Since Monday, Karsten has to work again and the little one, the hobbit and myself try to manage our not-yet-reinvented daily routine by ourselves. Two kids versus one adult, first time in our family life.
In Switzerland, the officially granted time-off when having a child is, by the way, one day. One day. Taking this into account, I have already been lucky to enjoy three weeks with enough time to get to know the baby while the little one didn’t feel completely left out. Karsten had, thanks to his employer, ten days at home (when the little one was born he had five days off) with a more or less regular time doing some home office stuff. Two years ago, his employer told us that he didn’t even have one single day off when his first kid was born. He had to work on the field, came home around midnight and then crawled into bed with his wife and the baby in order to enjoy some family time. According to him, it was a great time. I still wonder whether his wife would agree.
Managing the day with two children at home didn’t turn out as disastrous as expected. While I somehow didn’t find the time to shower and get dressed until lunchtime when the little one was born, I am now up and ready in the morning and wonder how I couldn’t manage it two years ago. Breakfast? No problem, I can do it one-handed while breastfeeding a baby and entertaining a two-year-old. Masters of multitasking, that’s what mothers are! Still, being somewhere on time is something that’s just not very likely right now and if we manage it, it includes a lot of organisational planning and cooperation from all three sides.
The little one still proves to be a caring sister. The hobbit is covered with kisses and cuddles, sometimes gently, sometimes in a kind of life-threatening way for a newborn so that I have to hold myself back not to scream every time she wants to interact with her little brother. Trust her, I tell myself, trust her and trust him and trust myself. The little one also adopts some very caring mother-feelings. We occasionally observe her carrying her little bear on her arm – she wraps him in a tissue, and rocks him gently while singing “everything alright, everything alright” with a high voice.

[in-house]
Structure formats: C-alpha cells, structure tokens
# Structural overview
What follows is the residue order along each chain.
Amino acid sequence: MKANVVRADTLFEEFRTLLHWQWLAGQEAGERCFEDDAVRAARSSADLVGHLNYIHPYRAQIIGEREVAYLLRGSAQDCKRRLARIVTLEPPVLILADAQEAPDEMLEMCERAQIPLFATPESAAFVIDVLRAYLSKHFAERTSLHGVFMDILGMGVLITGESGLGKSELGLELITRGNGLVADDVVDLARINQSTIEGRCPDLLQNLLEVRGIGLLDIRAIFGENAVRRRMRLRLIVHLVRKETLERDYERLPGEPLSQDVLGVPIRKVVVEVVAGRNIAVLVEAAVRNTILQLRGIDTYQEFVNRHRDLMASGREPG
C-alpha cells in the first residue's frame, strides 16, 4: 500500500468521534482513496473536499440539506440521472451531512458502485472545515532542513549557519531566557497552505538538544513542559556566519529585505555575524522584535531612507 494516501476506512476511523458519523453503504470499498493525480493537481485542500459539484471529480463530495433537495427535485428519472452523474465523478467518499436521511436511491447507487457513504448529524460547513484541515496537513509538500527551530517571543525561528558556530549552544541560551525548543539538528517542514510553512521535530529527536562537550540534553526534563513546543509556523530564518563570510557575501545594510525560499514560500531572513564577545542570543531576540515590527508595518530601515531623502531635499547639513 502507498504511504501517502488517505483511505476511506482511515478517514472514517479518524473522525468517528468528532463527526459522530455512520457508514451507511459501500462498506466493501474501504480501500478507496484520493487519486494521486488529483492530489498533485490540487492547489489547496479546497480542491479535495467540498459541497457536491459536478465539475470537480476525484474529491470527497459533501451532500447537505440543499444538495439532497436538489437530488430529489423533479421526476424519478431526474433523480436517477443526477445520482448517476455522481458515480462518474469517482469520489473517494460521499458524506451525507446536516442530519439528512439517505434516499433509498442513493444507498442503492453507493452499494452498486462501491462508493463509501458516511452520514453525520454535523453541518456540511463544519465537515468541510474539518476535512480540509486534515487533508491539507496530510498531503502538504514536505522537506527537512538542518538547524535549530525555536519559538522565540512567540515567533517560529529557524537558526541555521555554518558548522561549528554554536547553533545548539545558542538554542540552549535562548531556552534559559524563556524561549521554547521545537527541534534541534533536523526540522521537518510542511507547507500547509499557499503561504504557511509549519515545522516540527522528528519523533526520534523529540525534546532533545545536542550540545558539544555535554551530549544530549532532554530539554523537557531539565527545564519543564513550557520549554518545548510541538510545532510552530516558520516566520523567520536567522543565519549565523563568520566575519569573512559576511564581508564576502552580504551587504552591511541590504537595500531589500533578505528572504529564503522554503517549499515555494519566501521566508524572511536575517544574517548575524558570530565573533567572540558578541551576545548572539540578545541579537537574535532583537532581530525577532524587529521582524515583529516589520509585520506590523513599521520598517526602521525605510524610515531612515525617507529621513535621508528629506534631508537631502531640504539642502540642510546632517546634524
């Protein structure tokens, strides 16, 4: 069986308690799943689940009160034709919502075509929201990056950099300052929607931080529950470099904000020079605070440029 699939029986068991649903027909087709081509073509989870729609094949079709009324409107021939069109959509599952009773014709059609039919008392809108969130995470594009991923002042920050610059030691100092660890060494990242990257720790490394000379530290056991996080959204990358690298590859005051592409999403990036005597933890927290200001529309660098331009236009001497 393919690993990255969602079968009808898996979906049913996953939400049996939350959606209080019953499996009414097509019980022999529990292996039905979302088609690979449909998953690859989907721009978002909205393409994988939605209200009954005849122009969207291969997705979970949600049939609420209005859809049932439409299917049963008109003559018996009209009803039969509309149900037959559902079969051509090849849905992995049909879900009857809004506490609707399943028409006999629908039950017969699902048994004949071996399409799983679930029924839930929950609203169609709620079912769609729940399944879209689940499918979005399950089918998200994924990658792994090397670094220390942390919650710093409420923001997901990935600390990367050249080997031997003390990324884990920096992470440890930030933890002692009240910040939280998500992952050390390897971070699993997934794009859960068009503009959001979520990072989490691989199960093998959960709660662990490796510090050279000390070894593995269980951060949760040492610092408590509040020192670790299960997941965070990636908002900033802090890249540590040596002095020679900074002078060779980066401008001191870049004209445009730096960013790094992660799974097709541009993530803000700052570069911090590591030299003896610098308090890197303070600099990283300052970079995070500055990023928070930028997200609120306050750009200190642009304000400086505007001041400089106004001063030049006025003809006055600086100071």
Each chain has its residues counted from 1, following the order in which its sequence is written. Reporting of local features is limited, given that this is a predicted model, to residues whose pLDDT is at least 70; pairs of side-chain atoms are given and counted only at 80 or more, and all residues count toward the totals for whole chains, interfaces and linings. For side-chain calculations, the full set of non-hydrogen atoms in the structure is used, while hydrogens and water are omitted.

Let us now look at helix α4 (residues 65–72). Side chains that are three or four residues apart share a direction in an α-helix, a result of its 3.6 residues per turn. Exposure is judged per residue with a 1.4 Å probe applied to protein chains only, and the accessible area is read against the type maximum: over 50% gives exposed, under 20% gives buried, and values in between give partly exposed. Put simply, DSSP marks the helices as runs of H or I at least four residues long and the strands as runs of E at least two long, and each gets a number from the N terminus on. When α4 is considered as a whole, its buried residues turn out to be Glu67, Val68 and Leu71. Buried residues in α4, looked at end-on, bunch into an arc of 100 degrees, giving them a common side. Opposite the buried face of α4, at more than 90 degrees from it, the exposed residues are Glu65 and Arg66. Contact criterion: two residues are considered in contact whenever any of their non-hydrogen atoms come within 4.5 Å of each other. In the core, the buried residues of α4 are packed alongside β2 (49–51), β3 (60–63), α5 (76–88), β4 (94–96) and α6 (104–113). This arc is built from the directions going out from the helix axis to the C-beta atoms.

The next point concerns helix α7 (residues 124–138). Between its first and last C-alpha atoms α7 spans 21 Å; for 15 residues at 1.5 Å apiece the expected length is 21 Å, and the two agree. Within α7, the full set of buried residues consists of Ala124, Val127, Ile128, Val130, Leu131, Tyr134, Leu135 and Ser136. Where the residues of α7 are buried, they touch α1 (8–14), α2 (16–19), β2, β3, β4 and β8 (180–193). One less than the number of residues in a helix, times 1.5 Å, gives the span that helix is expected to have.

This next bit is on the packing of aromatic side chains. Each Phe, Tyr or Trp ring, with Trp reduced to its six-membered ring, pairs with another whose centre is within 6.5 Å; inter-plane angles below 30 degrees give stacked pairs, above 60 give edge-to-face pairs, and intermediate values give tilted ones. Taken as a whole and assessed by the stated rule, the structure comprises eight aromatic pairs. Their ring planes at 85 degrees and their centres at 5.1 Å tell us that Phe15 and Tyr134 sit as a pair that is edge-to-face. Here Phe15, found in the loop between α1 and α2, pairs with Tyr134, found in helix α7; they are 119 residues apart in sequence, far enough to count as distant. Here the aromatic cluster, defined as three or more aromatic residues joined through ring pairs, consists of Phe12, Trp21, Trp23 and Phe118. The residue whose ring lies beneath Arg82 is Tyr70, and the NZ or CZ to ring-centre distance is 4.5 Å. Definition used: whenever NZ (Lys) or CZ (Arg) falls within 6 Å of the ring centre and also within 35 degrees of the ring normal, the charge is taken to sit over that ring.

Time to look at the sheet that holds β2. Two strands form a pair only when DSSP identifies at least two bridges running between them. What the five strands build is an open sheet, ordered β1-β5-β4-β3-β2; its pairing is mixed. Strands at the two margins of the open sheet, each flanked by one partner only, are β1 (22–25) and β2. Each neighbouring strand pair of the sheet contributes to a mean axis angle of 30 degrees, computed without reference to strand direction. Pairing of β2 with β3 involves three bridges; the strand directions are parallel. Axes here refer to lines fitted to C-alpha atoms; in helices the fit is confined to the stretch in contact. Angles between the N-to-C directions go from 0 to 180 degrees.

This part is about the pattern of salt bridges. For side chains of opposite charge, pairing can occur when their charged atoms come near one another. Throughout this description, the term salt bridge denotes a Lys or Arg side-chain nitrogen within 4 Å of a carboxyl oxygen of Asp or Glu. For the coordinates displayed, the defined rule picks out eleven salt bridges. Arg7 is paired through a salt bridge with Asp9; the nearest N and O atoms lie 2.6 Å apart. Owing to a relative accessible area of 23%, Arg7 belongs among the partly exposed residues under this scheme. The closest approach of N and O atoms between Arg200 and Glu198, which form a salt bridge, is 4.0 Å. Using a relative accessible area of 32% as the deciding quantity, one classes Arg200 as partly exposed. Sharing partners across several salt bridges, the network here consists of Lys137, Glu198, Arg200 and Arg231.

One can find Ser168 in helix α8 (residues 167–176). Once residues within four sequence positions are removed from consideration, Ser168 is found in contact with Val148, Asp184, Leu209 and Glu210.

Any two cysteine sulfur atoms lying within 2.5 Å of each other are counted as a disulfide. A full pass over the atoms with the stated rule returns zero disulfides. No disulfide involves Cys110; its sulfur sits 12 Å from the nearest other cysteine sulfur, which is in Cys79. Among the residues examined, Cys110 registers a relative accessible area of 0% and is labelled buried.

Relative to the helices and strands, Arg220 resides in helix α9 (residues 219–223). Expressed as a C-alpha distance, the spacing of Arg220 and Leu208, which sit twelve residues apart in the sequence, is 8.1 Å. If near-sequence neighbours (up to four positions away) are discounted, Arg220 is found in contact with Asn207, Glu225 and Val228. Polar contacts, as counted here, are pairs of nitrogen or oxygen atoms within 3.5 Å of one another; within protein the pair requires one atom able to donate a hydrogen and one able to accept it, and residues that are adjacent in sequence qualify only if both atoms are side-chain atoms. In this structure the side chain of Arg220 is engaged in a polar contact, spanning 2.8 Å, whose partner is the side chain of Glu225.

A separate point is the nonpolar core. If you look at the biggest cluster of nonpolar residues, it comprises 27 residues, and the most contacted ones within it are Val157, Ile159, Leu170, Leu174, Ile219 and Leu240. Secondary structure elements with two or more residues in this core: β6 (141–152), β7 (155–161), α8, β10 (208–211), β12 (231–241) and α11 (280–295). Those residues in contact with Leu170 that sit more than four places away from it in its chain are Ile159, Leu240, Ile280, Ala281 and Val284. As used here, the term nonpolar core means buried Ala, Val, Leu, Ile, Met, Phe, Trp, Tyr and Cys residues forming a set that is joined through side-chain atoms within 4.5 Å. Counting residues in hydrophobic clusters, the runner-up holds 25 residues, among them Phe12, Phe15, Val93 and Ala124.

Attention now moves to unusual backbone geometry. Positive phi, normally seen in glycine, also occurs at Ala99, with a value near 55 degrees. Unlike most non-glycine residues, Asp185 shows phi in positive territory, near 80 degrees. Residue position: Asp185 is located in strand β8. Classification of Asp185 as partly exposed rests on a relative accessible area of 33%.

Being caring with her brother doesn’t stop the little one from living out her terrible two’s. Each day includes one or another impressive outburst, sometimes on our way home from the supermarket, sometimes on the playground, and almost every time I change her diaper (which still doesn’t convince her to use the potty instead). Good thing I am strong enough to carry her again, otherwise I wouldn’t know how to get her inside the flat when she starts acting like Rumpelstiltskin. On the bright side, however, she normally calms down quickly again and/or reconciles with me so that we can indeed talk about why she was crying and why I was getting angry. I do hope that it’ll help overcoming those tantrums a bit faster…
What else? I do feel like I am running a marathon changing diapers, getting children dressed, getting children changed, preparing meals and calming children down. The hobbit is still sleeping a lot, but it doesn’t stop his diapers from overflowing. Two third of my clothes smell like sour milk and I could do laundry every second day (at least). Within the last two hours, the hobbit spilled milk on his blanket once and right into my neckline twice…yummy. During the night, he started to struggle with stomach cramps. He is kind enough not to scream too often, but he does make some pretty loud snuffling and groaning and moaning which makes it impossible to sleep. Especially since Karsten is a loud sleeper as well – now I have two of them in my bed….I’ll add it to the list of things that nobody tells you before starting a family 🙂 My chocolate consumption is therefore up to new heights. And I am not getting anything done, although I am sparkling with thousands of things I would love to do (including the children! If they only would cooperate!).
I think I need to get faster. And even more effective.